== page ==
• Karen Wilson of Karen WIlson Handbags
  • Stefan Marinov of Koka-Bora Creations
  • Wanda Lane of Stonescapes
  • Nancy Smith of Under the Divi
  • Errol Caldwall of Turning Point, and
  • Charlene Downey of Noggins

With these vendors, we discuss the fine points of their arts and crafts, how they turned their hobbies into thriving businesses, and what makes Fair November such an important destination for craft makers and craft enthusiasts alike.

So let's head to the floor of Fair November on this week's Guelph Politicast!

If you missed this year’s Fair November, you will be able to find it again on the second weekend of November in 2020. If you are an artisan, and you would like to take part in next year’s Fair, you can reserve your spot today by going to the Fair November website.

The host for the Guelph Politicast is Podbean. Find more episodes of the Politicast here, or download them on your favourite podcast app at iTunes, Stitcher, Google Play, and Spotify.

Also, when you subscribe to the Guelph Politicast channel and you will also get an episode of Open Sources Guelph every Monday, and an episode of End Credits every Friday.

Open Sources Guelph - November 14, 2019

18Nov

This week on Open Sources Guelph, we get to say goodbye to one of the greatest Canadians who hasn't been too great for a long time. Oh yes, we're going to have our say about the Don Cherry controversy, and we're going to dig back into the swamp for a little impeachment talk. At the bottom of the hour, we're going to get a little more serious and talk about one of the most disturbing, ongoing crimes of our times with someone who's lived it.

This Thursday, November 14, at 5 pm, Scotty Hertz and Adam A. Donaldson will discuss:

Cherry Bomb. Don Cherry is no stranger to stepping in it, but this time it cost him his long time gig on Hockey Night in Canada. His comments about "those people" enjoying "the land of milk and honey" while not acknowledging veterans by wearing a poppy was caught for all its subtext, although Cherry claims that he was not being a racist in talking about "those people." Did cancel culture get this one right?

Open House. After weeks of closed door hearings, the Democratic-lead impeachment committees are finally holding open meetings for all the world to see. The question: does hearing all the gory details of Donald Trump's attempted bribery of the Ukrainian government from the mouths of those that lived it going to persuade the die hard Trump base he's corrupt?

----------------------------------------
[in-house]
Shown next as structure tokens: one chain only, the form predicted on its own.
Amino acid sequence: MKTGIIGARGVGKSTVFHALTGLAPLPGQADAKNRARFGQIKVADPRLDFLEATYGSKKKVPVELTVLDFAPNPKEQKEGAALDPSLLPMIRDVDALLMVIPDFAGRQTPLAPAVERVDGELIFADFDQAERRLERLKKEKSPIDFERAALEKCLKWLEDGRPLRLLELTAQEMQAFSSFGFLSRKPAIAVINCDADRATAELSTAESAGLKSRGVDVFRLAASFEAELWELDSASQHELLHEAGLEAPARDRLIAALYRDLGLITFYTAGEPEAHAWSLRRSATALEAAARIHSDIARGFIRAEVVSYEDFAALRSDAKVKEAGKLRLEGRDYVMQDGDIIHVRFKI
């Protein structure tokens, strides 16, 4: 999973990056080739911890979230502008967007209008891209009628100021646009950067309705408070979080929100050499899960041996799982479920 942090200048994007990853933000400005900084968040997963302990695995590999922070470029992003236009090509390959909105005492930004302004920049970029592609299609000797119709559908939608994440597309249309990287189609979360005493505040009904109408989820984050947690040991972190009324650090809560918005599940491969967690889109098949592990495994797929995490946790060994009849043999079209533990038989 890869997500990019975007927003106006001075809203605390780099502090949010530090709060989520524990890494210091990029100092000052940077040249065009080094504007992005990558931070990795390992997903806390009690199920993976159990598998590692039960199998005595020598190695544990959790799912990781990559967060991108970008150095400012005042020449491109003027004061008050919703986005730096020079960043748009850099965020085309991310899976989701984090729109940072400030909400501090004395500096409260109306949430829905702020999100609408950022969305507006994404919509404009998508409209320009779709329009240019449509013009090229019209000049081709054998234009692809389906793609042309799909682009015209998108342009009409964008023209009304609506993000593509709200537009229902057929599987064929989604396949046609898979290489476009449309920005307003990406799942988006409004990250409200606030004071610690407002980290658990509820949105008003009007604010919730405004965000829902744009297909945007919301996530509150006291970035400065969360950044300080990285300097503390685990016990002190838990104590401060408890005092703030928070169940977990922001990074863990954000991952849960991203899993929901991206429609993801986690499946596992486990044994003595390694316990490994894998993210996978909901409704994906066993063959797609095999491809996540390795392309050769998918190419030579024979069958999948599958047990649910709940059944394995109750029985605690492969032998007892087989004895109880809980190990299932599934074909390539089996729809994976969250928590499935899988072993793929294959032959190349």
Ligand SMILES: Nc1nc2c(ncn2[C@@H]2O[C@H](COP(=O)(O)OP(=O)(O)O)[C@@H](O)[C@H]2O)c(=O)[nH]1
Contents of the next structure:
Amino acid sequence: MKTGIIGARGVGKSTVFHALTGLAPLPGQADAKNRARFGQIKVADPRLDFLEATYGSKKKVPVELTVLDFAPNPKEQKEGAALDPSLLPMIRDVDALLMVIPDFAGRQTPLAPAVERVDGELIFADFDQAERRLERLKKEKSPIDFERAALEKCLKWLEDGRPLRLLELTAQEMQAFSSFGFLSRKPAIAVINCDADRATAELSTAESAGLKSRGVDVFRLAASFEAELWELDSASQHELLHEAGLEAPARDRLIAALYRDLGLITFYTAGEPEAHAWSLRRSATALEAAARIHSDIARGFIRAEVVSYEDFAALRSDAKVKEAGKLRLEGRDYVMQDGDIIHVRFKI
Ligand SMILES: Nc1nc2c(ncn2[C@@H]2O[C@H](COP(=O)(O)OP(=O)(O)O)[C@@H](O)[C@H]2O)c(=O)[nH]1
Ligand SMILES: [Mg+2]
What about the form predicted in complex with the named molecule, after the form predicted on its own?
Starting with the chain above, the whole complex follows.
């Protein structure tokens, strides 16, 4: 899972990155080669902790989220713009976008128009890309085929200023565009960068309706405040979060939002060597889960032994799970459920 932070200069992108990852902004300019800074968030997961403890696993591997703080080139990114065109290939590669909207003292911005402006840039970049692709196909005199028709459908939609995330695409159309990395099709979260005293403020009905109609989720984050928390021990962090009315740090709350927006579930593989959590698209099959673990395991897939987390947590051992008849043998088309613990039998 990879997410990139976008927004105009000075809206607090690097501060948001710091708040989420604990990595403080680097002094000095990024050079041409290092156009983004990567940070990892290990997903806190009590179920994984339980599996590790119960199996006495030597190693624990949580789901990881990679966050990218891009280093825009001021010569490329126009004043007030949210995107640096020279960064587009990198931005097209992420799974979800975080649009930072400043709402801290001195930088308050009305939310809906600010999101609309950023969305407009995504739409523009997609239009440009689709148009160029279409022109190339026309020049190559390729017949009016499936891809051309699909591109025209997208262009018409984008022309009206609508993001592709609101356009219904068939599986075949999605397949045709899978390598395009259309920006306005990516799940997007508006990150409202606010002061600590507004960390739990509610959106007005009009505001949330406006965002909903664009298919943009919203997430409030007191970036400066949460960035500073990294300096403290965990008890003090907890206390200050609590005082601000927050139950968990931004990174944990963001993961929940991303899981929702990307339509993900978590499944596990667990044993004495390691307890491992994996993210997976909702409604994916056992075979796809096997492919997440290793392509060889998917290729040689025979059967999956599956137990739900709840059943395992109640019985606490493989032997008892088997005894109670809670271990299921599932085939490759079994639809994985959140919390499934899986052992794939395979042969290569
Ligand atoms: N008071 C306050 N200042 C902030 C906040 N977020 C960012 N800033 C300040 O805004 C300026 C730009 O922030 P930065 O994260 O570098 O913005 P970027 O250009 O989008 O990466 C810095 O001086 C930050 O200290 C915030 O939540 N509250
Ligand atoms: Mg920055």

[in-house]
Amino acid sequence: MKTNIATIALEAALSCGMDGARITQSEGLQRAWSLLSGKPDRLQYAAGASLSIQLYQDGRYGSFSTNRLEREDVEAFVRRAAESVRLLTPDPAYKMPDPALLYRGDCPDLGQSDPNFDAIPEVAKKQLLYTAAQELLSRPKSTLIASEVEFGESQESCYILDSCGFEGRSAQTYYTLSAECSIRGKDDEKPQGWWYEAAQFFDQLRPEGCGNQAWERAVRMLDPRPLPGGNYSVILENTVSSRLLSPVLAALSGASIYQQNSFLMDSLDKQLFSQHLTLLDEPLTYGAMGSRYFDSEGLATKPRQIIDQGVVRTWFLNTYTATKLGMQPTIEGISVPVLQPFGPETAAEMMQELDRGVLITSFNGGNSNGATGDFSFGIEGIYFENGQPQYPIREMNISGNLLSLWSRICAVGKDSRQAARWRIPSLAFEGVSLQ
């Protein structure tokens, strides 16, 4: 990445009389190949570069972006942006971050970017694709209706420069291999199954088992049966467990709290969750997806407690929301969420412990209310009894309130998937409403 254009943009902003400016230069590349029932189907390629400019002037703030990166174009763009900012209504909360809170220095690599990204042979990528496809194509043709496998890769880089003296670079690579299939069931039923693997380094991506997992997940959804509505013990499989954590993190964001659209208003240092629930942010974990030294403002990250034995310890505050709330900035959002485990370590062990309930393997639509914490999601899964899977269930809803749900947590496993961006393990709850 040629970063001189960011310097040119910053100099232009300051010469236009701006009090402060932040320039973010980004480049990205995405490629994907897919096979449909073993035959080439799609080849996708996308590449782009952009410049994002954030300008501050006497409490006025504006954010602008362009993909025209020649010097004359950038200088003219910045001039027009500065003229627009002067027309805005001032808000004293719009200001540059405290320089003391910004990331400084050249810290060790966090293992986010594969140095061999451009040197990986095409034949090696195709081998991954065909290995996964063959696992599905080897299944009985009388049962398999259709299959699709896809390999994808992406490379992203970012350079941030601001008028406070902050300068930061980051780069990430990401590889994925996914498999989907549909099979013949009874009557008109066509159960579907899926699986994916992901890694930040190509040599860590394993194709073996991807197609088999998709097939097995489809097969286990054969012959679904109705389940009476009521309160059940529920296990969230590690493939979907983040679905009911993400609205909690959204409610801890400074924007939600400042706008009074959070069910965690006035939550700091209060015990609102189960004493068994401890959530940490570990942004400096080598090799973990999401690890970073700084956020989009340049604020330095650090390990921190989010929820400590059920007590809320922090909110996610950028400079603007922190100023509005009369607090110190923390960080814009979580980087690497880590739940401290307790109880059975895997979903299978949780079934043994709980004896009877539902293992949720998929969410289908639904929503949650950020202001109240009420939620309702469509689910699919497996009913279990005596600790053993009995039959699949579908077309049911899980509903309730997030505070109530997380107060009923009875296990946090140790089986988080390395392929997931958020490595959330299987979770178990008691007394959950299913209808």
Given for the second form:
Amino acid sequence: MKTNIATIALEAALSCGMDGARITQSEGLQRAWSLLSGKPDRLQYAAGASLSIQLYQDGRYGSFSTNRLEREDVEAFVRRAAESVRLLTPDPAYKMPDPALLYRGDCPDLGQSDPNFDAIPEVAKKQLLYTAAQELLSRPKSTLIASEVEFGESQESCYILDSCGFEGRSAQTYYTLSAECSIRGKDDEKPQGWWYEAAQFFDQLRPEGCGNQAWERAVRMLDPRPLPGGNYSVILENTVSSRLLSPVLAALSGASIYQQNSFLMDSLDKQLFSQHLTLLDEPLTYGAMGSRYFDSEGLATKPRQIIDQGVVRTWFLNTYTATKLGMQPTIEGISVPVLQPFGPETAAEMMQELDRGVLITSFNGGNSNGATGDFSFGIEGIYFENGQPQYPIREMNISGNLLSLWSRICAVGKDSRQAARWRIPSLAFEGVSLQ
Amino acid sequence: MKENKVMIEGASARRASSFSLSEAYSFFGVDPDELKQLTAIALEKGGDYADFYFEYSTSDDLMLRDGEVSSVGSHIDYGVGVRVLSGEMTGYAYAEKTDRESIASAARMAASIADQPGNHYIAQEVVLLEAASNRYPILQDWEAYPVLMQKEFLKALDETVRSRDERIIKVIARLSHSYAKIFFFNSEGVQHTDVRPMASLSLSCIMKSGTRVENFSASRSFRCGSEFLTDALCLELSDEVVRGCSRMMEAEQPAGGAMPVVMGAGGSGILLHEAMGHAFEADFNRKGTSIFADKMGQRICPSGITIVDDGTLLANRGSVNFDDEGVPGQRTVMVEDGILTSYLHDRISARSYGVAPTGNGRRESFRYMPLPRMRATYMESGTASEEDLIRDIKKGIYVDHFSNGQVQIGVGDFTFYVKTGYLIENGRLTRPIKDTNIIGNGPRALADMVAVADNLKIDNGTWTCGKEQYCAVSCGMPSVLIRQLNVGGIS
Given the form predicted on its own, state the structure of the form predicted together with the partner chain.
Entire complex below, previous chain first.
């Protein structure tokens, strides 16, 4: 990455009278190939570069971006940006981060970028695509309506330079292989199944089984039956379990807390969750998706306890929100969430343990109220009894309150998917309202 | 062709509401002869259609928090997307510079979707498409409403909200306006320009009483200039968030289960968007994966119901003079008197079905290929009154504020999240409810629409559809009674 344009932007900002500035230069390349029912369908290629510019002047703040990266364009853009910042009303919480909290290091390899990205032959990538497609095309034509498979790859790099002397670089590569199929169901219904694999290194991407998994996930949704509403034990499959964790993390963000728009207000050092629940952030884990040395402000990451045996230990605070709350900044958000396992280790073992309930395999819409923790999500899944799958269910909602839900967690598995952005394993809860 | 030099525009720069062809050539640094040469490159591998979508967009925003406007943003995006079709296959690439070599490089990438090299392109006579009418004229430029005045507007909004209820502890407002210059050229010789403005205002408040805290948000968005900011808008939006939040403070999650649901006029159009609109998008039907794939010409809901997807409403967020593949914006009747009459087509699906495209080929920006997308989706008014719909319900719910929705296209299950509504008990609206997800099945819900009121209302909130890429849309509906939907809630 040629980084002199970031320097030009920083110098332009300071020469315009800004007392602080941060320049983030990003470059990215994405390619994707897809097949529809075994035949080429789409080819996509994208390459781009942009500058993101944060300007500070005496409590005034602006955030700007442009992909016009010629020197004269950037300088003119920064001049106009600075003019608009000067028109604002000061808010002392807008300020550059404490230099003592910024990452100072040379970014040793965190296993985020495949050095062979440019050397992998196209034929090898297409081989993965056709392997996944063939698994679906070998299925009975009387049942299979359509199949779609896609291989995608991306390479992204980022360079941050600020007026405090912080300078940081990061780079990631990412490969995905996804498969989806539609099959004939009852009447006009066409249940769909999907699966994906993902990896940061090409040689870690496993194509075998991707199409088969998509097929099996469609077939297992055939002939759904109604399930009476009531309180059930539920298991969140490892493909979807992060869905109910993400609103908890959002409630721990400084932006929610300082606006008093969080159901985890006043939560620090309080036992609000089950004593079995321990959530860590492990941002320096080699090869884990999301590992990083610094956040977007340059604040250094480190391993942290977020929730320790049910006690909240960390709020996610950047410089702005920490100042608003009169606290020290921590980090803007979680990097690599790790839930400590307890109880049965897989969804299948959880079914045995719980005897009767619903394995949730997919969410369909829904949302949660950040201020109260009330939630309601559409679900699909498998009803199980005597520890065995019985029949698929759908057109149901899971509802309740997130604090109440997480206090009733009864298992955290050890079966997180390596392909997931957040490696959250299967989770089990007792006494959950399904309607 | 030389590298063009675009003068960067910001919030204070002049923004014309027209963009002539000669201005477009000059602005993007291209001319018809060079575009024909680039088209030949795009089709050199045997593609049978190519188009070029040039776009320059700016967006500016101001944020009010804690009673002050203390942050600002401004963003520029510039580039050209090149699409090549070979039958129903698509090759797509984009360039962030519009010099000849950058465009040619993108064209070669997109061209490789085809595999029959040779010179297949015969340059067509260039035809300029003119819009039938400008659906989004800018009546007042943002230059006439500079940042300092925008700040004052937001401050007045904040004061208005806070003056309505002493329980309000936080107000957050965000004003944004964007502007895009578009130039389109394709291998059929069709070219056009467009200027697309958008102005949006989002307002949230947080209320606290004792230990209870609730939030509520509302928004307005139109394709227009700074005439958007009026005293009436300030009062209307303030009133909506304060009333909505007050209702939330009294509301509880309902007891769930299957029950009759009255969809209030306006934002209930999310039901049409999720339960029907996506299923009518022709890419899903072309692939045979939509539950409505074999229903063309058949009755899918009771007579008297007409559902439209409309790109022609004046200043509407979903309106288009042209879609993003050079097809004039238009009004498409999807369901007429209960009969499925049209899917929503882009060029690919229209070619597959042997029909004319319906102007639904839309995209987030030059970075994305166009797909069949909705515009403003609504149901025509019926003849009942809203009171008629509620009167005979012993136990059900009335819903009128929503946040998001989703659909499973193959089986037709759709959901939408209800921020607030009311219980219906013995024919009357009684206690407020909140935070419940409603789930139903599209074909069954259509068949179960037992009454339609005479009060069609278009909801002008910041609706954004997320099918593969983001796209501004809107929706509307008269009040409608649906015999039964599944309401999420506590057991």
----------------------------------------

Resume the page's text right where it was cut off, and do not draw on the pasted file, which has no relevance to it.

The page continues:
Prey. The stunning, systematic abuse by Catholic priests on young boys and girls is one of the most horrifying crimes, perhaps only eclipsed by the concentrated effort by the Church to cover it all up. This week, we'll be joined by Robert McCabe, a survivor who works with other survivors trying to recover from their abuse, and Matt Gallagher, the director of the new documentary Prey, which plays at the River Run Centre Saturday. They'll talk about the movie, and the push to hold the Church accountable.

Open Sources is live on CFRU 93.3 fm and cfru.ca at 5 pm on Thursday.

End Credits - November 13, 2019 (Last Christmas)

15Nov

This week on End Credits we get into a holiday mood. Our review is the perhaps too early release of Last Christmas, a rom-com based on a George Michael song about death and stuff. Speaking of death, it's no longer a barrier to casting, and at least one person is willing to call for an end to Disney. Plus, the best of the decade continues...

This Wednesday, November 13, at 2 pm, Adam A. Donaldson and Tim Phillips will discuss:

Dean Machine. It's been 60 years since James Dean was last in a movie. It's understandable why, he died in 1955, but the intrepid producers of Finding Jack are not letting death get in the way of hiring Dean to play the second lead. Is there a genuine artistic reason to resurrect James Dean, or are they violating Dean's memory for empty self-promotion?

A Game of Monopoly. On the eve the release of Disney+, author Matt Stoller makes a point in his new book, Goliath: The Hundred Year War Between Monopoly and Democracy, that Disney has become little more than a private equity firm squeezing every nickel out of partners, suppliers, and consumers. So can we have a conversation about breaking up Disney?

The Best of the Decade, Part 2 of 5. We're coming up on the end of the year, but we're also coming up on the end of the decade, so what else are we supposed to do but make a list of our favourite films of the last 10 years? This week Candice will run down her Top 5 of all the films released between January 1, 2010 and right this very moment!

REVIEW: Last Christmas (2019). 'Tis the season to be jolly, and nothing says "jolly" like a little yule tide romance. Emilia Clarke and Henry Golding make a love match in time for Christmas, but things, per usual, get complicated as Clarke's messy Kate gets a cosmic wake-up call from Golding's free spirit. It's a match made in heaven, so deck the halls for predictable rom-com tropes and a twist you'll see coming from a mile away.

End Credits is on CFRU 93.3 fm and cfru.ca Wednesday at 2 pm.